Mentions: Mitochondria contain their own genome, mitochondrial DNA (mtDNA), which is transmitted through the female germline [77]. MtDNA is located in the mitochondrial matrix and is present in multiple copies per mitochondrion [38, 77]. The human mitochondrial genome is a closed, double-stranded DNA molecule of 16,569 bp, which contains 37 genes. Most of the genes are located on the heavy (H) strand, which encodes for two ribosomal RNAs, 14 transfer RNAs (tRNAs), and 12 polypeptides (Figure 2) [38]. The light (L) strand encodes for eight tRNAs and a single polypeptide. The 13 protein products are subunits of the enzyme complexes of the respiratory chain/oxidative phosphorylation system [37]. Mammalian mtDNA does not have introns, and has only a few intergenic sequences. The displacement-loop (D-loop) region is a short, three-stranded structure in which a short nucleic acid strand, complementary to the L-strand, displaces the H-strand. The D-loop is the major control site for mtDNA expression, containing the leading-strand origin of replication and the major promoters for transcription [38].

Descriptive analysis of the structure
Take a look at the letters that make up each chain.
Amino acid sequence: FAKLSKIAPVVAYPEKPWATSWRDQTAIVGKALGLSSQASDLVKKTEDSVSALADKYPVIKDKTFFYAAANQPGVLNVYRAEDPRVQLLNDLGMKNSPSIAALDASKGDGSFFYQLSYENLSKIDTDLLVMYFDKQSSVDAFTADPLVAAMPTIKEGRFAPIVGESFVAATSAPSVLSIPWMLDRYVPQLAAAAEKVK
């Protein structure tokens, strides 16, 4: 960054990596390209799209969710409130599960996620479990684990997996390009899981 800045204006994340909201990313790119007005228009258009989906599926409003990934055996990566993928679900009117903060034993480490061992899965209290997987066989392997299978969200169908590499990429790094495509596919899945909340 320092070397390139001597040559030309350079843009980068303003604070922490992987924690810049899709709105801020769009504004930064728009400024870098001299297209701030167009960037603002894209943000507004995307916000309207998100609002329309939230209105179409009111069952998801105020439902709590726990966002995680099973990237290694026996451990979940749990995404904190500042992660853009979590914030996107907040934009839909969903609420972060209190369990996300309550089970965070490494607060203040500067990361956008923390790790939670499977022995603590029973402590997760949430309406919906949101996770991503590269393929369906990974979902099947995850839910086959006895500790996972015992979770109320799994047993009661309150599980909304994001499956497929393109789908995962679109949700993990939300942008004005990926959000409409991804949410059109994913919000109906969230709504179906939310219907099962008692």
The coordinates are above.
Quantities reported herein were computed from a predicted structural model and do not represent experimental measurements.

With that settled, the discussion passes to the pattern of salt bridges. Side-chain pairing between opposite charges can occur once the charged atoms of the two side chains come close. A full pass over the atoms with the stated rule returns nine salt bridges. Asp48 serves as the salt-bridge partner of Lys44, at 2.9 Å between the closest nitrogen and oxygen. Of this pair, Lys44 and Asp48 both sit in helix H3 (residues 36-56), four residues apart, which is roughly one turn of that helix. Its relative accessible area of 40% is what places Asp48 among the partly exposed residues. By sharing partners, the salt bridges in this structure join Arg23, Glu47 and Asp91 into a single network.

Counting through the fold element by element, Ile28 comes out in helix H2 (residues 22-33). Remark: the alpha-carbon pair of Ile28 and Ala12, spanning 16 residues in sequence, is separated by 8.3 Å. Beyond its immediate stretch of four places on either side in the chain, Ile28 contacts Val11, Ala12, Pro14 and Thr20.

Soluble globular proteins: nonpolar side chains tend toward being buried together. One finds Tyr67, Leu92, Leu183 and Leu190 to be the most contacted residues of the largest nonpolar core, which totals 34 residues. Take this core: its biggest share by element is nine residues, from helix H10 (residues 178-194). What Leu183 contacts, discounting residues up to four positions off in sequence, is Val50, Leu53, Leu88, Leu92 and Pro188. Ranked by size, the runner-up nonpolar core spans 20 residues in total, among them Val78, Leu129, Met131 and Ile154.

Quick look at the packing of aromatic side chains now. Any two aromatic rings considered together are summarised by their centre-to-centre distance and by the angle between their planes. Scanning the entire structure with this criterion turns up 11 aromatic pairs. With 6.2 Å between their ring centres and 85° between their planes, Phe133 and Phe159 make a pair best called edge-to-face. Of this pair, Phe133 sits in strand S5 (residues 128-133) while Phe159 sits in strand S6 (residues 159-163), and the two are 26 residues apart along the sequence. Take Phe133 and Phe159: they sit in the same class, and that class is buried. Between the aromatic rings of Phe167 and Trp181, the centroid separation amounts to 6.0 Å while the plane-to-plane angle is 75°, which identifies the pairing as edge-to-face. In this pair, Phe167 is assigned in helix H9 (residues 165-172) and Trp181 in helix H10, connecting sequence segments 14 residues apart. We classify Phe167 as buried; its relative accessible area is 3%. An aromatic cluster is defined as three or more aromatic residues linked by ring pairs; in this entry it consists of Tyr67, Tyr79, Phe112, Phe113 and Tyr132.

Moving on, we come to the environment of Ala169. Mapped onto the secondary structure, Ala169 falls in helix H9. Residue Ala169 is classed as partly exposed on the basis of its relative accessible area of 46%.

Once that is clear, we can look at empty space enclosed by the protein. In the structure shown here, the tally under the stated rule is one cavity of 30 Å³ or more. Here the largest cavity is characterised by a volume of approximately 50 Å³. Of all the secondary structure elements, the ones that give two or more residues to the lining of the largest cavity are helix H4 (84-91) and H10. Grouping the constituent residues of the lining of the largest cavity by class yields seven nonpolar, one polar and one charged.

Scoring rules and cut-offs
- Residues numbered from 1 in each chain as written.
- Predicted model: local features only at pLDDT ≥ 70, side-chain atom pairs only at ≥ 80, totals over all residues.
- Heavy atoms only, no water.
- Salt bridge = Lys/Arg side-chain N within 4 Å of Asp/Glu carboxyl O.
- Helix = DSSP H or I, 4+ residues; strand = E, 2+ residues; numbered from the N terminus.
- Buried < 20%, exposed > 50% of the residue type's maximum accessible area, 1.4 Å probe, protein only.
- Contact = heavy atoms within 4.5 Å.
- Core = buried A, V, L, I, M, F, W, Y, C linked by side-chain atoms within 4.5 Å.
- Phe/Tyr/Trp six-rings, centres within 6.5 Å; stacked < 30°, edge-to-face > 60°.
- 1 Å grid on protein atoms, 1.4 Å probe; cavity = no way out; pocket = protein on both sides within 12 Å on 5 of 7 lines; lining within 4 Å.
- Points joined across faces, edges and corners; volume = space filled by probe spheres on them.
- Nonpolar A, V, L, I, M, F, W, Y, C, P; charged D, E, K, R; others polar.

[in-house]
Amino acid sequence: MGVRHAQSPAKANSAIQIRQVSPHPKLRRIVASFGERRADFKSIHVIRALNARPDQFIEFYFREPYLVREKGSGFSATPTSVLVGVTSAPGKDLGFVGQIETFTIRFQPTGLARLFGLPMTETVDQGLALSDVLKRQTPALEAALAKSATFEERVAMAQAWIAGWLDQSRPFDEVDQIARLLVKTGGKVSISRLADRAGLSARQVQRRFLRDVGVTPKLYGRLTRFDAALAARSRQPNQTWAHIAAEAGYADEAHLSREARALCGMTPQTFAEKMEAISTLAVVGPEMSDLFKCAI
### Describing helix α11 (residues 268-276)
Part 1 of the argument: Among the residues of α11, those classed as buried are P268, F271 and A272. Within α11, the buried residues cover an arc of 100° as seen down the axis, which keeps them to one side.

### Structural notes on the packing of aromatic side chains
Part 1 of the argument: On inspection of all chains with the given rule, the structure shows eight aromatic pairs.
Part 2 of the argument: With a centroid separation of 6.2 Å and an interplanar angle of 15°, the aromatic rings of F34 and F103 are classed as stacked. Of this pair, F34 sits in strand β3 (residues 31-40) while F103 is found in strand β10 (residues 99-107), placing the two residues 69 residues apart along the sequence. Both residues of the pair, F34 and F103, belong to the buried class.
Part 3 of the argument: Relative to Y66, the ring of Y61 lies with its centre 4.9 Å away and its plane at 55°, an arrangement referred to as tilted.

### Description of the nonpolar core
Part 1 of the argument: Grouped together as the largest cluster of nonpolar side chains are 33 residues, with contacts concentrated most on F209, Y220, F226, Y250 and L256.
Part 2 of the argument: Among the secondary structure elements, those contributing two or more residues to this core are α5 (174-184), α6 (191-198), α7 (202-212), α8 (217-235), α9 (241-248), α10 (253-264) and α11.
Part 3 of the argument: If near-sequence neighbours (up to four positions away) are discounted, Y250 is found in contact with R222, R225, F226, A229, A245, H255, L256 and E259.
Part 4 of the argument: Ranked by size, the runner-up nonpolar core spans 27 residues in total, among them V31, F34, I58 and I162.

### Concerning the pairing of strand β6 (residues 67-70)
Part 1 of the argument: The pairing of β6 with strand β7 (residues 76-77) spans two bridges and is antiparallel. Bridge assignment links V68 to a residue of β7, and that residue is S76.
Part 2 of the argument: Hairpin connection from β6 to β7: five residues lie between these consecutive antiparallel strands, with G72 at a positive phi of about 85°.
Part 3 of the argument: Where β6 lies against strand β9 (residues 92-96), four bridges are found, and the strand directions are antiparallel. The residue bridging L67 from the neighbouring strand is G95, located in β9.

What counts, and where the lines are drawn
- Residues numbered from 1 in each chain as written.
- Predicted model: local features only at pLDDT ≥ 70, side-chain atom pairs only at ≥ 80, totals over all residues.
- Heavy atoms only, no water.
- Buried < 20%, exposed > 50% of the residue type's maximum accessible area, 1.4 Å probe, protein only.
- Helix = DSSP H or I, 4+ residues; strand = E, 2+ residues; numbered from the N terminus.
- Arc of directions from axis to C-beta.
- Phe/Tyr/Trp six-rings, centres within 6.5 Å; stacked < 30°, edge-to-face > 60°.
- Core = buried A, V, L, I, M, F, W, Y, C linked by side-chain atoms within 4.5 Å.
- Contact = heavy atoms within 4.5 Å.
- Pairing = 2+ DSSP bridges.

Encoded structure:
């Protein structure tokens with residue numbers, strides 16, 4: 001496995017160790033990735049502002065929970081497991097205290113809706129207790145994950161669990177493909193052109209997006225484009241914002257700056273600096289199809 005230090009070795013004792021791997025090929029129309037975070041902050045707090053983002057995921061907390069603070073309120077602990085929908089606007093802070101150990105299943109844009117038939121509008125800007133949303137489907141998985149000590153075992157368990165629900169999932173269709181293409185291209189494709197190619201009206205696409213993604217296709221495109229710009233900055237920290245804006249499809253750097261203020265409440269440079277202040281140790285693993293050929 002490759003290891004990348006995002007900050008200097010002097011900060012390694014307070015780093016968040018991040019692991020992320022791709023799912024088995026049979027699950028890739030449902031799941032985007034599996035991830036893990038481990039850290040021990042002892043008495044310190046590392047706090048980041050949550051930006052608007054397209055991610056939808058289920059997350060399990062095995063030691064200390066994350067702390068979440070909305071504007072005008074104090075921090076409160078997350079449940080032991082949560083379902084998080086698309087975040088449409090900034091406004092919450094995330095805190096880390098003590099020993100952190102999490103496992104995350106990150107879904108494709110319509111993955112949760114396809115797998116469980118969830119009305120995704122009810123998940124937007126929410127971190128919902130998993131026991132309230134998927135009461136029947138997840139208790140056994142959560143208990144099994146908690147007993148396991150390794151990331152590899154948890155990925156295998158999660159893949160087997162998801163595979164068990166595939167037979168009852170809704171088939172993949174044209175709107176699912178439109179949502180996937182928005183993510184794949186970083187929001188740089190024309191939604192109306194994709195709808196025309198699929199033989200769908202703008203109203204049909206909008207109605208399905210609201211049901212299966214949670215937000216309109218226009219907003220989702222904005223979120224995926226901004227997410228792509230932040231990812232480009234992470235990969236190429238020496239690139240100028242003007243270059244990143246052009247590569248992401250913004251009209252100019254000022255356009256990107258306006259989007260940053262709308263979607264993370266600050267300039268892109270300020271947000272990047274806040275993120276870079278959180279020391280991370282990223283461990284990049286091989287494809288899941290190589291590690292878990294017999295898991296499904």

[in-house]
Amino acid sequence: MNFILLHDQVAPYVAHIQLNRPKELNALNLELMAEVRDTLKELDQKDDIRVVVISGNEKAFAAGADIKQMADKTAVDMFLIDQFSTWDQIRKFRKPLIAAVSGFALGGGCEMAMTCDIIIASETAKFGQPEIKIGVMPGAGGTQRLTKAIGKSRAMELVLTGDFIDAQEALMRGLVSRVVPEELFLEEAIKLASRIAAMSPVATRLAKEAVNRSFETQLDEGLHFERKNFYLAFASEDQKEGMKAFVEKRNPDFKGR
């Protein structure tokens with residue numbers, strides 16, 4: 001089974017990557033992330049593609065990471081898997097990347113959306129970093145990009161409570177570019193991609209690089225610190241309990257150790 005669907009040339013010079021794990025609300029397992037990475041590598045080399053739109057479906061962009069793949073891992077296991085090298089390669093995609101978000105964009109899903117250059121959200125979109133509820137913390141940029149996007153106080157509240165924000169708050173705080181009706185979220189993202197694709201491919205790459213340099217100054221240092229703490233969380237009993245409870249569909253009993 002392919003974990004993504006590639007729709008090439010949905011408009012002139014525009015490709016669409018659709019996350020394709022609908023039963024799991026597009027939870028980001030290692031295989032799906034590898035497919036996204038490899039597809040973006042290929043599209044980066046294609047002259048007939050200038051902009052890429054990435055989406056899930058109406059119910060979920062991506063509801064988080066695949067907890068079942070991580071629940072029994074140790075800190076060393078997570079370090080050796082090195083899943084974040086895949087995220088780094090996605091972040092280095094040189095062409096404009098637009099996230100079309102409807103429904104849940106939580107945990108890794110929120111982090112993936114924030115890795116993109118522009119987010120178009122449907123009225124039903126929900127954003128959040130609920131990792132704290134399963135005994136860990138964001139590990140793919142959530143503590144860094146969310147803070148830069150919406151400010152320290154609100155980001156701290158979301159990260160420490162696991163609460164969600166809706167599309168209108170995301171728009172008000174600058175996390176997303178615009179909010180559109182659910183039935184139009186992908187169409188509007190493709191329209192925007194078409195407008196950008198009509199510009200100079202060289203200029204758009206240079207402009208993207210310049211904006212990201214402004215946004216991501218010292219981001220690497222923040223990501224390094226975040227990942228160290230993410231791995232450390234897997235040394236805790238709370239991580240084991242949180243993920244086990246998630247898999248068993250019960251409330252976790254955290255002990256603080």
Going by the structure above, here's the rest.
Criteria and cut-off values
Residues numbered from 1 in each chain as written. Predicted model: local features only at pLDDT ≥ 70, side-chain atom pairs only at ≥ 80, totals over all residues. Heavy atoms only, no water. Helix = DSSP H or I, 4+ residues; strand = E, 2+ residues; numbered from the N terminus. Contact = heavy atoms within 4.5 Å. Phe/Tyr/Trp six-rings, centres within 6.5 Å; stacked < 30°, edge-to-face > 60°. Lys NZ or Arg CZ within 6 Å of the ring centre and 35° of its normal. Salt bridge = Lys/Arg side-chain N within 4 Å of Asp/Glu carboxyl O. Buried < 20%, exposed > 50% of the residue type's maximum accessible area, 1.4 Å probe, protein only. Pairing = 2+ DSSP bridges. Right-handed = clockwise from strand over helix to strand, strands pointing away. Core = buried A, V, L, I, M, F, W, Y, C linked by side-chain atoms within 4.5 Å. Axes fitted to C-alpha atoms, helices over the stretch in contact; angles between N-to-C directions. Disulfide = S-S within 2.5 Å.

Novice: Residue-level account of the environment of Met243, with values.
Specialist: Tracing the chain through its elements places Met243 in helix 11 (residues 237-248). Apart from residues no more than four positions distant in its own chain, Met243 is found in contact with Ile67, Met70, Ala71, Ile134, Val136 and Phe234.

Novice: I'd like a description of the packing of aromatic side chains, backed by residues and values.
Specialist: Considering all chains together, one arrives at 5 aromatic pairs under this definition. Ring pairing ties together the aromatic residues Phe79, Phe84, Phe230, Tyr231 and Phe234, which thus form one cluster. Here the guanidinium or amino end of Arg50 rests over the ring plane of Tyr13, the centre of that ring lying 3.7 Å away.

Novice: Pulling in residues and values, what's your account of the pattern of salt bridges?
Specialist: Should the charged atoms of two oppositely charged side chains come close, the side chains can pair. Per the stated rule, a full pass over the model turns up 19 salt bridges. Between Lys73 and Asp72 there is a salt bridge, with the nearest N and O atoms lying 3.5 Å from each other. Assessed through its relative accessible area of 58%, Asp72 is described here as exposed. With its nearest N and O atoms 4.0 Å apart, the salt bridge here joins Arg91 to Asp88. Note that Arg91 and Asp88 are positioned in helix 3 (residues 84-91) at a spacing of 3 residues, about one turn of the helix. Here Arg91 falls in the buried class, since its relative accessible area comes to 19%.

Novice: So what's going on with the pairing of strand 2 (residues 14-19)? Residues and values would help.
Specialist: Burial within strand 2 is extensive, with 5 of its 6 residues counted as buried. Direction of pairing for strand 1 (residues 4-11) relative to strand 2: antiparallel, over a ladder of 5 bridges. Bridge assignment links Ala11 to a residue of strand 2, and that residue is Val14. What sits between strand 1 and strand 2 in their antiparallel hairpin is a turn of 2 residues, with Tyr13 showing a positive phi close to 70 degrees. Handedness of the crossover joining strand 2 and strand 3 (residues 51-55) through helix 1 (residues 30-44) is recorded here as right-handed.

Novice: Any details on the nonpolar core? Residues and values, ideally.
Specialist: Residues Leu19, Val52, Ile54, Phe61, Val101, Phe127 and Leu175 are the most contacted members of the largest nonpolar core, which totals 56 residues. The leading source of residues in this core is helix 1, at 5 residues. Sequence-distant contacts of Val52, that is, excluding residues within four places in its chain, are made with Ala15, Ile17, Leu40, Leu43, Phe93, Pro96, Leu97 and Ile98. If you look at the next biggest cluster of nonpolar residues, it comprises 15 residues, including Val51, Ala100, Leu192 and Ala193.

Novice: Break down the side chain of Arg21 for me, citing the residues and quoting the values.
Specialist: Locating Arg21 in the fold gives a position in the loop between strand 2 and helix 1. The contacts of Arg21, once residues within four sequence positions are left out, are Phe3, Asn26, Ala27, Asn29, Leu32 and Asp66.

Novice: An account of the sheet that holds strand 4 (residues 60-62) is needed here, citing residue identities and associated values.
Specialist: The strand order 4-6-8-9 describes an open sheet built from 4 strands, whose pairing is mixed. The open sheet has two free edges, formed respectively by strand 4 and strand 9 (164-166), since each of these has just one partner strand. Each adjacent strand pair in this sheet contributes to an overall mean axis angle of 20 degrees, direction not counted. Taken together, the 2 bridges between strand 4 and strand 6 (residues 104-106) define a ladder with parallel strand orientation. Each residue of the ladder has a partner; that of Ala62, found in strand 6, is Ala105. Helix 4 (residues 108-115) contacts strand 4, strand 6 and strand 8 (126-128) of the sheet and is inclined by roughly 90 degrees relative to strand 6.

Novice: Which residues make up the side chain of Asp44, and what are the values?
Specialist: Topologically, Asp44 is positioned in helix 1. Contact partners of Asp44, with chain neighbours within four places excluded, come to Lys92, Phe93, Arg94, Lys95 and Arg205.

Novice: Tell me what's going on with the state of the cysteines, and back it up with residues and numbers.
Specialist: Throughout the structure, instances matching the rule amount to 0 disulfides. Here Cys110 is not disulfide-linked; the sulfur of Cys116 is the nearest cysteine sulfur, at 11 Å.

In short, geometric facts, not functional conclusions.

Do alterations in mitochondrial DNA play a role in breast carcinogenesis?

Rohan TE, Wong LJ, Wang T, Haines J, Kabat GC - J Oncol (2010)